Rebar detailers at Solve Structural Design used Tekla Structures to detail the raft for the One Nine Elms skyscraper development. The 3D models were critical to staying on schedule for one of the longest continuous concrete pours in London’s history.
One Nine Elms is a skyscraper development under construction on the south bank of London’s river Thames. The development’s two towers (with 57 floors and 43 floors, respectively) will combine luxury apartments, retail outlets, and a five-star hotel. The towers are set to be among the tallest residential structures in Europe.
In a bid for time and cost efficiencies, the One Nine Elms developers chose a top-down method for constructing the buildings’ three-floor basement. While efficient for a construction project as a whole, top-down work can be tricky for rebar detailing. To make sense of this complexity, the rebar detailer chosen for the basement – Solve Structural Design – detailed the raft in 3D using Tekla Structures.
“When the drawings for reinforced concrete construction are created in 2D, the chances of missing certain sections of rebar increase. This can cause huge time delays and additional costs for making the fixes,” says Solve Structural Design Technical Director, Barry Penniston. “3D modeling, such as that provided within Tekla Structures, allows for the proposed drawings to be checked quickly and accurately, ensuring full continuity before any concrete is cast.”
“One of the main challenges we encounter when working with a top-down method of construction is ensuring that a means of rebar continuity – mainly couplers and pull-out bars – are provided in the slab soffit for all vertical elements, before moving down to the next sub-level,” says Penniston.
Color-coded clash detection
The team used Tekla Structures to create preliminary color-coded 3D raft models, allowing the contractor to see areas of high congestion and identify any constructability challenges before work began on site. They spent weeks developing, discussing, and iterating these models to get everything right. Areas of concern included the 12 layers of H40 bars at the bottom of the stack, congestion around plunge columns, and clashes at the corner of the batter. Shear rails, the chair supports, and the installation of top bars all needed careful planning in Tekla Structures too.
”The Tekla workflow was particularly valuable on the One Nine Elms project, especially considering the sheer amount of reinforced concrete required and the selected top-down construction method,” says Penniston.
“Thanks to Tekla and its automatic clash detection, we were able to quickly assess the design intent and spot any potential issues very early on in the detailing process. Any problems or clashes were then able to be reviewed and resolved before the primary drawings had been issued, streamlining the whole detailing process.”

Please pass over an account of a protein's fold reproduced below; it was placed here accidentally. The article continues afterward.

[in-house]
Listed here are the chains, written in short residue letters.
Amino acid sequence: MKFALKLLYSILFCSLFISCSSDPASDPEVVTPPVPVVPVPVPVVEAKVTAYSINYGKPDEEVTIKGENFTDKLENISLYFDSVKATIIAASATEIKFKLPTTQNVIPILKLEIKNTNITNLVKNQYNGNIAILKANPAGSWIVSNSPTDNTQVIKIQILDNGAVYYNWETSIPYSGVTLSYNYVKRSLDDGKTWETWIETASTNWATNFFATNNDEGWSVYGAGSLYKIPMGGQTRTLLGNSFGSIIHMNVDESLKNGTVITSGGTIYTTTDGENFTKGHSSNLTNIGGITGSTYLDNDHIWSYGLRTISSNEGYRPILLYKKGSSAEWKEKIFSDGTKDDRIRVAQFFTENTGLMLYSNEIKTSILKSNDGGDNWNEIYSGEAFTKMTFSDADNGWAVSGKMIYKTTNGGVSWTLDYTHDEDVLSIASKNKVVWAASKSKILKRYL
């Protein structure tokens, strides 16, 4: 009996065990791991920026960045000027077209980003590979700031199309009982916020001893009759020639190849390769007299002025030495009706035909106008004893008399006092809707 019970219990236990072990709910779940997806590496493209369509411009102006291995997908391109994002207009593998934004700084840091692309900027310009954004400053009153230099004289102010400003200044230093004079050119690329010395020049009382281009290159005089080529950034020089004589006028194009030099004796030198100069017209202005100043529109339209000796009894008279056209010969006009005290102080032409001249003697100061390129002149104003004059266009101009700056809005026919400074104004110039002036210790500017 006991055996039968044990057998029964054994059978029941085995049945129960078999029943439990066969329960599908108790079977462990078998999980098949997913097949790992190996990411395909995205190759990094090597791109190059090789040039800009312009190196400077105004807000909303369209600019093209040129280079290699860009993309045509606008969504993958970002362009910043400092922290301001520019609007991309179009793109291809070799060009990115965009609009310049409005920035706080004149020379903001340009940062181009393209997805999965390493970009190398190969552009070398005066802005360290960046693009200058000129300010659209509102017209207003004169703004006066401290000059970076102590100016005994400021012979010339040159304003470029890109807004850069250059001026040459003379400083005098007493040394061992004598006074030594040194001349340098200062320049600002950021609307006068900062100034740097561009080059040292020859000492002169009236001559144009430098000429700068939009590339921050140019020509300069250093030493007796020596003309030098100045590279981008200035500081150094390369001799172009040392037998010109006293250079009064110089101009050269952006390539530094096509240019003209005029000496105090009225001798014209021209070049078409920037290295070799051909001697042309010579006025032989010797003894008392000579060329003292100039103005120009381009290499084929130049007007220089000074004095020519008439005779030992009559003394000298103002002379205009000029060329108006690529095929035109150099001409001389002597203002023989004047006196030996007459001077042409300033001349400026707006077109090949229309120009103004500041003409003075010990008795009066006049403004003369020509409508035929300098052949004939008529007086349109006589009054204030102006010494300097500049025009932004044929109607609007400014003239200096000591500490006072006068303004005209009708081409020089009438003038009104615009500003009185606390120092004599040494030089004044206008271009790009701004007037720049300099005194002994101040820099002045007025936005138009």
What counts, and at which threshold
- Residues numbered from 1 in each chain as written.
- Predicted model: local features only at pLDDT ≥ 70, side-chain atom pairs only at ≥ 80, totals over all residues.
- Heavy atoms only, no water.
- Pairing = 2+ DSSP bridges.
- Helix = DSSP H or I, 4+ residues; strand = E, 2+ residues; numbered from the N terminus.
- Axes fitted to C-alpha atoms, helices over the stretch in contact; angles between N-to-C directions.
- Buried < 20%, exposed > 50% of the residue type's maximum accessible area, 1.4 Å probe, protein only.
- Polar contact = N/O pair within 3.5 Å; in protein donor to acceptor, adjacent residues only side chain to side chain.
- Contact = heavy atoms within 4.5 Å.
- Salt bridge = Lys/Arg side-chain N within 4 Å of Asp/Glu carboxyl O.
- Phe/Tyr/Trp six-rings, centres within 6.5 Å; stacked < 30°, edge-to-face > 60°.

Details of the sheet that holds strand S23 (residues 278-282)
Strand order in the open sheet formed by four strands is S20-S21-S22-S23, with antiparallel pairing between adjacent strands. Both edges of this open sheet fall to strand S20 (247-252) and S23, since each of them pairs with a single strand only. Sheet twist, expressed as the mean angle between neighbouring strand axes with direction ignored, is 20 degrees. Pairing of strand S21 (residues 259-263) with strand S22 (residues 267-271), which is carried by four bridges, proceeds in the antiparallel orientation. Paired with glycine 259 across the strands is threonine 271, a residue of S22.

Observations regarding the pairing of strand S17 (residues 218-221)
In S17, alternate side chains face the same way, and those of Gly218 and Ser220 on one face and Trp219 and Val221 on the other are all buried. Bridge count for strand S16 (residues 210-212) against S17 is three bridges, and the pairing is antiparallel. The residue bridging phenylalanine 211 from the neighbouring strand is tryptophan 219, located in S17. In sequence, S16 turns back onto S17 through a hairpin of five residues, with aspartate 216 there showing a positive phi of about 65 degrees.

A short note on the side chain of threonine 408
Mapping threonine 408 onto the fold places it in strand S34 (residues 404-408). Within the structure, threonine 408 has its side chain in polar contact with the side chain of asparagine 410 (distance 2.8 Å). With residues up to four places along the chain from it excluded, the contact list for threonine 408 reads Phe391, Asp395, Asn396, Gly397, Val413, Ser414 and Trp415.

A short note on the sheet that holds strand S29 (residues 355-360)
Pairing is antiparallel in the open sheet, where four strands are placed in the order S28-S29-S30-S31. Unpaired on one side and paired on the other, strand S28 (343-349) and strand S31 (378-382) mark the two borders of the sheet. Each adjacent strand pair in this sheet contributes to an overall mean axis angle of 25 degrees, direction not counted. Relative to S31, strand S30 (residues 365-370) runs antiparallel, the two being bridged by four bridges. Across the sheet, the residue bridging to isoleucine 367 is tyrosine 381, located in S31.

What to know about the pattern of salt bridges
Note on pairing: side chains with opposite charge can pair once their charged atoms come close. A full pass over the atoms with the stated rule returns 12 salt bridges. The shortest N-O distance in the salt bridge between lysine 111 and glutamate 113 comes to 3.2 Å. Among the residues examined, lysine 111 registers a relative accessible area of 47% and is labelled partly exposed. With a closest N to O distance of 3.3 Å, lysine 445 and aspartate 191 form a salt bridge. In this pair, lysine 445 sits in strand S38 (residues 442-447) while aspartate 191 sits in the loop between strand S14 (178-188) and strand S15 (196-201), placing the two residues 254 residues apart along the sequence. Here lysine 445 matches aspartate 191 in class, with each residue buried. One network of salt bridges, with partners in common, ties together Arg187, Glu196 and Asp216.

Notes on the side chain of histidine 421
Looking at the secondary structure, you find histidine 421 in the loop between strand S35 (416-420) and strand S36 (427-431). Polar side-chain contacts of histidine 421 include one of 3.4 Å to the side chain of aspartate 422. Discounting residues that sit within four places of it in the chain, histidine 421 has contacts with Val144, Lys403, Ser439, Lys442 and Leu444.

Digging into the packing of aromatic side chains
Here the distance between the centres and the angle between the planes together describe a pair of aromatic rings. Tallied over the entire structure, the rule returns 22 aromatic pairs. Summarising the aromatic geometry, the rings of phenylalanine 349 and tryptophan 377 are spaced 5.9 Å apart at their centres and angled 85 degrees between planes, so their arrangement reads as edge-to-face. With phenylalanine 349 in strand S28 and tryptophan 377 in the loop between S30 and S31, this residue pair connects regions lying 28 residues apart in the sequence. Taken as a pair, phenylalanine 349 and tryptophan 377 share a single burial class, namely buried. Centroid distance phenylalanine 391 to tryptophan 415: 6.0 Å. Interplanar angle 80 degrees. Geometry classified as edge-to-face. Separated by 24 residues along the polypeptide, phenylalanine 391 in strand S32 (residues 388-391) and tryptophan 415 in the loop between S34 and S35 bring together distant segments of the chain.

Designing for a continuous concrete pour
The raft at One Nine Elms is extensive, with more than 5,000 tonnes of reinforcement. Using the 3D models generated by Tekla Structures, the on-site team was able to do the rebar work in just 12 weeks. This meant the concrete contractor could perform the 4850m3 pour as planned in a single 22-hour period – the second-longest continuous pour in its history.
The raft in the taller of the two towers, was 5.2 meters at its deepest point and contained around 1,400 tonnes of rebar. This part of the project was the most challenging, as Penniston explains:
“During the 3D modeling process of the core raft, it quickly became evident that there were some serious issues regarding heavy rebar congestion and clashes, particularly around the plunge columns that formed the main sub-structural support and at the corners of the sloping sides,” he says. “Fortunately, the preliminary 3D model highlighted these problems with the base raft’s constructability at an early stage, and we were able to promptly host an online meeting with all project parties.”
“The Tekla 3D model formed the central focal point of discussions and allowed us to clearly demonstrate the clashes and other issues to the relevant design and site teams. Over the following weeks, various solutions and options were discussed and proposed, and a final working model was agreed upon, which was proven to be buildable,” says Penniston.
For the communication and information-sharing part of the project, the team used the cloud-based software Trimble Connect. With so many different teams working together – yet not always in the same physical location – Trimble Connect aids collaboration by allowing everyone to access up-to-the-minute project information from wherever they are. The Solve Structural Design team also relied on Trimble Connect when on-site at One Nine Elms.
“We use Trimble Connect internally for all document administration and filing, task management, and model checking, and our One Nine Elms site team was also able to easily access the software through their mobile phones and tablets,” says Penniston. “This allowed them to view the completed 3D model alongside the real-time physical context, assisting them in the placement and installation of the rebar and ensuring an efficient and accurate delivery on site.”